Retirement and teaching[edit]

With her government position in jeopardy after post-World War II reorganization in the BIA, Underhill held a series of visiting positions until retirement in October 1948.[8] In 1949, Underhill accepted a position as Professor of Anthropology with the University of Denver and held the position for four years.[4][3] In her second retirement, Underhill spent much of her time traveling the world and writing.[4] She also taught at New York State Teachers College in New Paltz and Colorado Women's College.[1] According to her oral histories, she stayed three months at a time in Israel and India.[7][full citation needed] Beginning in the 1970s, the Denver Museum of Nature and Science began working with Underhill to capture her own history through audio and video recordings.[4]

Honors and awards[edit]

In 1979, Underhill was honored by the Tohono O’odham Nation, for her work in preserving their past.[9] She was also honored by the Gila River Reservation O'odhams in 1980.[10] On October 28, 1981, she was presented with an award from the Colorado River Indian Tribes for her sincere, devoted and untiring effort in the gathering of information about their culture.[citation needed] In addition, she received a Friendship Award from the White Buffalo Council of American Indians.[11]

She received an honorary Doctor of Laws from the University of Denver in 1962 and honorary Doctor of Science degree from University of Colorado in 1965.[11] In 1983 on her 100th birthday, Colorado Governor Richard Lamm declared August 22 as Ruth Underhill Day.[citation needed] In June 1984, the American Anthropological Association presented Underhill with a Special Recognition for her teaching and research, including efforts to popularize anthropology and study the roles of women.[8] In 1985 The Denver Women's Press Club established a scholarship in Underhill's honor; this award is given to a University of Colorado student for accomplishment in creative writing.[12]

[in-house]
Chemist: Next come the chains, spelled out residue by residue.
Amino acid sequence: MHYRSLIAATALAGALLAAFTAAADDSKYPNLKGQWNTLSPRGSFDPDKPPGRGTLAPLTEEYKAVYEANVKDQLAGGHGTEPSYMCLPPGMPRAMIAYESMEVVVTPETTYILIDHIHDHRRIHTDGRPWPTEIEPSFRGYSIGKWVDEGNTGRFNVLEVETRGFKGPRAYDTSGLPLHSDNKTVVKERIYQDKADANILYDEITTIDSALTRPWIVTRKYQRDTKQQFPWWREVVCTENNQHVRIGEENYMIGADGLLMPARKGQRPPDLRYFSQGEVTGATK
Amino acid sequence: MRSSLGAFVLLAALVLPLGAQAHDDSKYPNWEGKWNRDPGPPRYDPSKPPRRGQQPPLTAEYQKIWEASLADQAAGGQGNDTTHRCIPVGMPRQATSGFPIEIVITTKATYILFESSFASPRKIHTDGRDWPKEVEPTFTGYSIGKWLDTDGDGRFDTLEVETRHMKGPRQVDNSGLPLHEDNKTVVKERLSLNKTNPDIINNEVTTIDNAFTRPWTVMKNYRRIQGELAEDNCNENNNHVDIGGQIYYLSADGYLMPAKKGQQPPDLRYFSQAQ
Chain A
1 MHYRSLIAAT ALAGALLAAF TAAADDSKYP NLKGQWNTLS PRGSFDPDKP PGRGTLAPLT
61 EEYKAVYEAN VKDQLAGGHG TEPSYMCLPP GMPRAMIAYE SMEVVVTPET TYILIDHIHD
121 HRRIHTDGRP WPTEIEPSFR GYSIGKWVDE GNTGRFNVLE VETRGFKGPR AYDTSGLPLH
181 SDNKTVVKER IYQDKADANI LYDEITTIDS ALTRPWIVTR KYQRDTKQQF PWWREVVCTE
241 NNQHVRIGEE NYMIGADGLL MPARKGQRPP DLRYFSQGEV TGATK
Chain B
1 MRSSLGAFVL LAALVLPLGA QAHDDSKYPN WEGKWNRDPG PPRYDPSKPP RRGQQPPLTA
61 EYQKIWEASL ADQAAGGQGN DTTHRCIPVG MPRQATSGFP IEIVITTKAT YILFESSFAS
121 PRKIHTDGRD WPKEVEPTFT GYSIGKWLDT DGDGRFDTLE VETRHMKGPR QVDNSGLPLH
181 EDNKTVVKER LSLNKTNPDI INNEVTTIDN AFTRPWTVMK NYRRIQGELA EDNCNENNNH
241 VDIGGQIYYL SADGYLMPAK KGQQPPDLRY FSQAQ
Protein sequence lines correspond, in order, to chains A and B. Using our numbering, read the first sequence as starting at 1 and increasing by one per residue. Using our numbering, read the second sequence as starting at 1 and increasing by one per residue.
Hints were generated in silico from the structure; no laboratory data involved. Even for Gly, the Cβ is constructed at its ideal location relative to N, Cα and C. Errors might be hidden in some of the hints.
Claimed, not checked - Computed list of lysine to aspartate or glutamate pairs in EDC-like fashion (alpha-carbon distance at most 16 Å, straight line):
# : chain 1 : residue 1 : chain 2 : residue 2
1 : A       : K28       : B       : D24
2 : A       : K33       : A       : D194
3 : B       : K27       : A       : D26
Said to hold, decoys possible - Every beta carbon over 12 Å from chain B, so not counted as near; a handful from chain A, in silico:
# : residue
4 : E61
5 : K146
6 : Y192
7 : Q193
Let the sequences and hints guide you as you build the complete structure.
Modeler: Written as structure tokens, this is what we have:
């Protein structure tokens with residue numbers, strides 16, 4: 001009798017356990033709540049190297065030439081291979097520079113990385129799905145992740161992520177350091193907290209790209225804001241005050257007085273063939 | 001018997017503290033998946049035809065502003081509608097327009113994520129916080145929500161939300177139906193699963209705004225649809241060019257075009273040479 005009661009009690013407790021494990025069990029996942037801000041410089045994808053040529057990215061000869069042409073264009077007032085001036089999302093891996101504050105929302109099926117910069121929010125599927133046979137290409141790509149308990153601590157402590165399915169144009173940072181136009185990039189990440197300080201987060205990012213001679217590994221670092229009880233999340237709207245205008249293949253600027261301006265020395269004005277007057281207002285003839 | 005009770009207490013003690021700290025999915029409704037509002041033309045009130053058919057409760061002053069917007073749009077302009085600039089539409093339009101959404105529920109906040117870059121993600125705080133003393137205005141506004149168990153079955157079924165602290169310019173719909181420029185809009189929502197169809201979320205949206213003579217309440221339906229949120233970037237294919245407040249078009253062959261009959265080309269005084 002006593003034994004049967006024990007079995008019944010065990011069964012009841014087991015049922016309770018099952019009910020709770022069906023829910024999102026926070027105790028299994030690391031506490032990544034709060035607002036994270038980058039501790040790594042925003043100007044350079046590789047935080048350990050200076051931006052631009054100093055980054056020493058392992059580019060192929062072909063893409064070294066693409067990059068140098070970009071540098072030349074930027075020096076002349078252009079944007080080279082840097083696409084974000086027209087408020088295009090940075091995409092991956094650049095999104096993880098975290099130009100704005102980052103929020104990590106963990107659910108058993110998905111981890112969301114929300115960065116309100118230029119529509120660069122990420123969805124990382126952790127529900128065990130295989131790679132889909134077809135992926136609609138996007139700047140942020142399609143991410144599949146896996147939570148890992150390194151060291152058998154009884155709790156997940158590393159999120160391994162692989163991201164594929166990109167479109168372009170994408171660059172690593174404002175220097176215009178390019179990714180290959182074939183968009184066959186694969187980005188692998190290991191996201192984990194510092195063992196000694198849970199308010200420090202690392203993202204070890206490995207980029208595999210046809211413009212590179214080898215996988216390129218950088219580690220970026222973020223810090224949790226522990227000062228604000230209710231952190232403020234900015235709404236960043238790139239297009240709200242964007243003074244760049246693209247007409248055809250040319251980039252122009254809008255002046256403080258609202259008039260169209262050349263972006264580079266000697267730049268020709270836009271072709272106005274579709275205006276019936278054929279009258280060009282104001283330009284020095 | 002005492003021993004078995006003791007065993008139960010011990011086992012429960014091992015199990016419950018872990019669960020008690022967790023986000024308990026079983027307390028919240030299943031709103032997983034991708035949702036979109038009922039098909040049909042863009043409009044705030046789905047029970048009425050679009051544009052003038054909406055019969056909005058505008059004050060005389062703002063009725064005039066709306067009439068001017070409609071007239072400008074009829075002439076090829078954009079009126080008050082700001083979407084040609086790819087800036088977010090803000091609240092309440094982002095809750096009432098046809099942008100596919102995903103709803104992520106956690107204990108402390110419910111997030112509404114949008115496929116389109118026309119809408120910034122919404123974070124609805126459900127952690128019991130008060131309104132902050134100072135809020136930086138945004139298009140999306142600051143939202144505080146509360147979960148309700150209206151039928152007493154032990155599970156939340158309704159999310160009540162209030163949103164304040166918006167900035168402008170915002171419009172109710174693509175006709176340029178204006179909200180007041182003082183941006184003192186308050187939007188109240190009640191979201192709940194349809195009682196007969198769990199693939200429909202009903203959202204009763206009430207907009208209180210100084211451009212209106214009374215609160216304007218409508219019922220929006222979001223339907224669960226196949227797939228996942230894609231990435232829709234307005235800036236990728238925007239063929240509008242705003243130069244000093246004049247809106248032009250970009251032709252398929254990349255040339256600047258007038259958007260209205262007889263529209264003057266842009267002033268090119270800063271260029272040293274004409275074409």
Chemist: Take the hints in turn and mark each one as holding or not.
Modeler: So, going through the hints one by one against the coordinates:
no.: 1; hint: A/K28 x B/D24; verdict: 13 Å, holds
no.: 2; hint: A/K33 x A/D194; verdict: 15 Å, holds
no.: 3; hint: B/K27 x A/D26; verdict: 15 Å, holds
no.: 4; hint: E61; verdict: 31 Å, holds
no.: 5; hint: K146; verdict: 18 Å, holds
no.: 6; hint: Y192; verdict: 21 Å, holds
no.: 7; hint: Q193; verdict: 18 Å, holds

Published works[edit]

  • The White Moth (novel), 1920
  • Ethnobiology of the Papago Indians, with Edward Castetter, University of New Mexico Bulletin #275, 1935
  • Autobiography of a Papago Woman, 1936
(Originally published as Memoir 46 of the American Anthropological Association)
  • Social Organization of the Papago Indians, 1937
  • Singing for Power, 1938
  • First Penthouse Dwellers of America, 1938
  • A Papago Calendar Record, University of New Mexico, 1938
  • Social Organization of the Papago Indians, Columbia University Press, 1939
  • Hawk Over Whirlpools (fiction), 1940
  • The Papago Indians of Arizona and their Relatives the Pima, 1941
  • "Papago Child Training," Marriage and Family Living, Nov. 1942